Density distribution for Jericho Lands.(MST Development Corporation, Canada Lands Company)
A big factor in the phasing of construction for the Jericho Lands, as a member of the project team previously told STOREYS, is the aforementioned future Jericho Lands Station. Because the station construction involves tunneling through portions of the Jericho Lands site, the builders want to avoid heavy construction above ground that's in close proximity to the station site.
"There are opportunities to deliver on some housing before the transit station is built," the planning team member added. "We think that there is an early phase where we can get some of the public space, some of the commercial retail space, and some of the housing built early."
With the phasing plan detailed in the draft policy statement, this now appears to be how the project will proceed, with the first phase of construction beginning in the western portion of the site, around the area will the future station will be located. (The Jericho Lands Station will be located in the west portion of the second phase.)
The phasing plan for the Jericho Lands redevelopment.(MST Development Corporation, Canada Lands Company)
The first phase will deliver approximately 4,000,000 sq. ft of residential uses, with a mix of housing tenure and affordability. It will also deliver approximately 400,000 sq. ft of non-residential uses, including a grocery store and a childcare facility, which the project team says "will help establish a walkable, complete community at the outset."
The second phase and beyond will mostly occur after the Jericho Lands Station opens and deliver approximately 4,250,000 sq. ft of residential uses. It will see the construction of the highest densities on the site, including the three "Sentinel" buildings, which will be located near Jericho Lands Station. The second phase will also include 150,000 sq. ft of non-residential uses, including two more childcare facilities, two public plazas, and infrastructure that connects the station to the other parts of the site and Jericho Beach Park.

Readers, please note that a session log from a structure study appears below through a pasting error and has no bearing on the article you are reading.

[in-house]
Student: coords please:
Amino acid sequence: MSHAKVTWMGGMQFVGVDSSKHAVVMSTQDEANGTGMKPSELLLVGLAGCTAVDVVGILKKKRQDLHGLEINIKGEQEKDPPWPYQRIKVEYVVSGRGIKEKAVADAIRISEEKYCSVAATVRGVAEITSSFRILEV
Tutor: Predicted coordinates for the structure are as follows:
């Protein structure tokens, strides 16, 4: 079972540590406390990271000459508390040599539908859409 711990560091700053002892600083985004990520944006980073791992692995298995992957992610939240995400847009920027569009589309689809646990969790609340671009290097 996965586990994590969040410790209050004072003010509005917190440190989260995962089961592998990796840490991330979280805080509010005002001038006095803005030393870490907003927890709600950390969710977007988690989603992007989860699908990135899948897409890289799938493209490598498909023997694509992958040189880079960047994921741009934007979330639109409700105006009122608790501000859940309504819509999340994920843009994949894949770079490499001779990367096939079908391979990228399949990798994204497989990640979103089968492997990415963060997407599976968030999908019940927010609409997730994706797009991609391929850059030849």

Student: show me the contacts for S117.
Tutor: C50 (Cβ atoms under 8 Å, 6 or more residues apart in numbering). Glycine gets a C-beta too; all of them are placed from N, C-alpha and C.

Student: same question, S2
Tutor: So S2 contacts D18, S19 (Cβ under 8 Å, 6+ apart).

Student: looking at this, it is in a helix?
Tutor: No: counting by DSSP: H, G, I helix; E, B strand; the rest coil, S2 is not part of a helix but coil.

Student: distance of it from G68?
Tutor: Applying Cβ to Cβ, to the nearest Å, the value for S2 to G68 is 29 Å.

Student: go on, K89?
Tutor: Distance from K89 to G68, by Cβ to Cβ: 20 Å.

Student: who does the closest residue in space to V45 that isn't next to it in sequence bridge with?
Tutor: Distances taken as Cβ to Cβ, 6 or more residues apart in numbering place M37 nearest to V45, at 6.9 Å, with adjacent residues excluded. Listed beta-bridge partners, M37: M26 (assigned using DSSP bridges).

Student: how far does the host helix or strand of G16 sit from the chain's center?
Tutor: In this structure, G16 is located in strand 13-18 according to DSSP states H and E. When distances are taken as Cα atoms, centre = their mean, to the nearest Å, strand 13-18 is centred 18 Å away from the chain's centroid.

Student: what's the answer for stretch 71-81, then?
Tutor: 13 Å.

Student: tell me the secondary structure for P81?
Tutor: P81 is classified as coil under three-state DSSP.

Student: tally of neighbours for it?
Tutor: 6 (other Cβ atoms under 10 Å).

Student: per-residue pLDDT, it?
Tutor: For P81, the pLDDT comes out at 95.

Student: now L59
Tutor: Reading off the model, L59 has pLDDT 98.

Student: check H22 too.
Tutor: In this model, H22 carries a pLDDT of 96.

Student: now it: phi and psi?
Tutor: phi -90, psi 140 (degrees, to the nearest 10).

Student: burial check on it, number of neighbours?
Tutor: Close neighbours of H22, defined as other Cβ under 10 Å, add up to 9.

The City notes, however, that if the delivery of the Jericho Lands Station occurs later than the completion of Phase One, or a decision is made to not go through with the UBC Extension, the City will review the policy statement and the phasing plan as currently outlined could be adjusted.
The third phase, primarily clustered around the northeast corner of the site, will then deliver around 2,450,000 sq. ft of residential uses, along with 150,000 sq. ft of non-residential uses, in the form of another childcare facility, a park, a greenway, and Canoe Landing, which will serve as another connection point between the Jericho Lands and Jericho Beach Park.
The fourth and final phase will take place at the centre of the site, delivering 1,950,000 sq. ft of residential uses and 250,000 sq. ft of non-residential uses, including a "significant cluster of community amenities" — Central Community Park, a community centre, a library, an elementary school, and another childcare facility.
Full build out of the Jericho Lands is estimated to take between 20 and 30 years.
A street-view rendering of the future Jericho Lands.(MST Development Corporation, Canada Lands Company)
New public spaces are planned amongst the high-density towers.(MST Development Corporation, Canada Lands Company)
The future Jericho Lands community.(MST Development Corporation, Canada Lands Company)